Kežmarok Castle dates from 1463. It was built for the defence the town on the site of the medieval community of Svätá Alžbeta (St. Elisabeth). The original castle was built in the Gothic style with thick walls and massive bastions. The castle gained its contemporary Renaissance form after extensive rebuilding which proceeded in various stages in the years 1572, 1575, 1583, and 1624. The last phase was completed by Šebastián Thököly, the founder of the famous family, who invited renowned Italian stonemasons, bricklayers and painters to change the original stronghold into a representative family mansion. The buildings in the castle courtyard were equipped with Renaissance arcades, its sumptuous halls were adorned with wall paintings, and the interior of the castle chapel was renewed in the Early-Baroque style.
Curiosity and courage were properties the noble Princess Beata Laská of Kežmarok Castle certainly possessed. Otherwise she would never have set out on a trip accompanied by several burghers from Kežmarok to the not too distant Snow Mountains (today called the Tatras) in 1565. When the princess returned three days later, after having visited Zelené pleso lake, her angry husband was waiting for her at the gate of the castle. He decided to have the Princess interned in the strongest tower where she passed six long years in extremely hard conditions. The only relief for the unfortunate princess was that the tower had two small windows, one overlooking her beloved Snow Mountains, and the other through which she was given food.
In 1931, the first exposition of the regional Museum of Kežmarok was opened in a part of the castle compound. After general repairs to the castle that took place in the years 1962-1985, its collections were expanded. Visitors can see many expositions and theatre performances in summer nights at the Castle.References:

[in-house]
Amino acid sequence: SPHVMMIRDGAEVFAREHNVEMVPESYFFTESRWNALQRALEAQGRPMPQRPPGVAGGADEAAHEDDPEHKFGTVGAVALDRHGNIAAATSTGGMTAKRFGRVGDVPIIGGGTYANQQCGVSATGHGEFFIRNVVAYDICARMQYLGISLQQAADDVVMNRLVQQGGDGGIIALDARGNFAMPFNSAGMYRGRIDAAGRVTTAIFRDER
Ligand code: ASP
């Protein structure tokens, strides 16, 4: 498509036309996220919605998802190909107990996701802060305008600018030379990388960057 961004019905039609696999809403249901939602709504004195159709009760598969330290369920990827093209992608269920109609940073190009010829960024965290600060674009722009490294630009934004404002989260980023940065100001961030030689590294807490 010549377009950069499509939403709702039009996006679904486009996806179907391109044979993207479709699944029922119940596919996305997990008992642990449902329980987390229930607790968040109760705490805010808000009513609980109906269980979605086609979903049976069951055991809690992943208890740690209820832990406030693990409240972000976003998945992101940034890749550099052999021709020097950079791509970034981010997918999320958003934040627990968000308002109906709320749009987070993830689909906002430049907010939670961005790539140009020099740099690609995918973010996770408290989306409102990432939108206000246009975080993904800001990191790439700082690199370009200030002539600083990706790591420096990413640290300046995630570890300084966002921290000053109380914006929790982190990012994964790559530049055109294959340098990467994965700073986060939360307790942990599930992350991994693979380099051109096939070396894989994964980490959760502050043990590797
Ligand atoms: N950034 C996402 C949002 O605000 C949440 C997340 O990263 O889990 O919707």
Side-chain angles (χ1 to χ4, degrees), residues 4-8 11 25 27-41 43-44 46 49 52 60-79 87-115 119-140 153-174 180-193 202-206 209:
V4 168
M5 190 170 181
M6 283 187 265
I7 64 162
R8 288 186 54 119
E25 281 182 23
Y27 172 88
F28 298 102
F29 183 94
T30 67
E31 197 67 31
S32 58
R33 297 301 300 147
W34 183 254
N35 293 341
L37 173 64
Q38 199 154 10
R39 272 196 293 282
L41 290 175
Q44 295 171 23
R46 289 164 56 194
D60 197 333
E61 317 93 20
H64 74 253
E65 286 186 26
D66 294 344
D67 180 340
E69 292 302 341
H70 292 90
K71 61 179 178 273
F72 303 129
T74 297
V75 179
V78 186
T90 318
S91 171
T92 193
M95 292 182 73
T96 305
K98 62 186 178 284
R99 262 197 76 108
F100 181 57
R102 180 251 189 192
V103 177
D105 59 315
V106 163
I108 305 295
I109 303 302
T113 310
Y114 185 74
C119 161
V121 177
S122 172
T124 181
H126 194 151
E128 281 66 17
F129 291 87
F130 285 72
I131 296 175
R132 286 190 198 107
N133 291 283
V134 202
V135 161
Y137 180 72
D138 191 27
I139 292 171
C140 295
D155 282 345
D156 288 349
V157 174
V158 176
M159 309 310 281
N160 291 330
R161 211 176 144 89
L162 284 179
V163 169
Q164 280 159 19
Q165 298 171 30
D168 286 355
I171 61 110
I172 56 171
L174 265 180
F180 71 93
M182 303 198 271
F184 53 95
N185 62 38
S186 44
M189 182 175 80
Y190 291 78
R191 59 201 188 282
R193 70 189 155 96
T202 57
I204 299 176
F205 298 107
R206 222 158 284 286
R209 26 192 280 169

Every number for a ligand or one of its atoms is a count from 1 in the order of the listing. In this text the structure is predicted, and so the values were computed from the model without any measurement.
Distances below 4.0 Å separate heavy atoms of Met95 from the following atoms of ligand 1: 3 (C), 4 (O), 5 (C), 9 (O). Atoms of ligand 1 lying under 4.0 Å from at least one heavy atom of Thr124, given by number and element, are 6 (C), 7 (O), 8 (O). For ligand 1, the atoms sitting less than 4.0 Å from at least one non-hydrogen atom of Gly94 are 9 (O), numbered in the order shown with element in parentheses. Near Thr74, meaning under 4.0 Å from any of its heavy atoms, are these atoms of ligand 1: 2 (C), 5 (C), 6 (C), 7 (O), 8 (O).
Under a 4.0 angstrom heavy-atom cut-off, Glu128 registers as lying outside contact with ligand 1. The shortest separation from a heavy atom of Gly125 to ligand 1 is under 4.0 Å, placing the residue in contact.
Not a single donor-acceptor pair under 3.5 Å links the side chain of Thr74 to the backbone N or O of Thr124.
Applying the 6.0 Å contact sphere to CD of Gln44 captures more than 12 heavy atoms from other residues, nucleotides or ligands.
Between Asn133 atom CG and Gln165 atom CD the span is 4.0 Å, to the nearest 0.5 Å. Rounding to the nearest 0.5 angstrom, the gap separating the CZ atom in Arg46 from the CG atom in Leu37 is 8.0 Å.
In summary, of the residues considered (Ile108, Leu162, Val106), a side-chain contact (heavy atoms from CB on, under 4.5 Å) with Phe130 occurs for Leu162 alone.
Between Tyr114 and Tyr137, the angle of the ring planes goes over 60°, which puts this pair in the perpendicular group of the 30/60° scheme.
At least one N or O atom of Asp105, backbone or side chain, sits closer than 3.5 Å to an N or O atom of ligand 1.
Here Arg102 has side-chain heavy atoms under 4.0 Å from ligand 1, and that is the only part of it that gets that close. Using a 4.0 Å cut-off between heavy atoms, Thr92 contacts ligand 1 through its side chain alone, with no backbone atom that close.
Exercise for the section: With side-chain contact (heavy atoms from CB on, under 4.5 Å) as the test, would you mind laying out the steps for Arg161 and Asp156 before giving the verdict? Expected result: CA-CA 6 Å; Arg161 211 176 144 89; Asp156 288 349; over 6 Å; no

Narikala is an ancient fortress overlooking Tbilisi, the capital of Georgia, and the Kura River. The fortress consists of two walled sections on a steep hill between the sulphur baths and the botanical gardens of Tbilisi. On the lower court there is the recently restored St Nicholas church. Newly built in 1996–1997, it replaces the original 13th-century church that was destroyed in a fire. The new church is of 'prescribed cross' type, having doors on three sides. The internal part of the church is decorated with the frescos showing scenes both from the Bible and history of Georgia.
The fortress was established in the 4th century and it was a Persian citadel. It was considerably expanded by the Umayyads in the 7th century and later, by king David the Builder (1089–1125). Most of extant fortifications date from the 16th and 17th centuries. In 1827, parts of the fortress were damaged by an earthquake and demolished.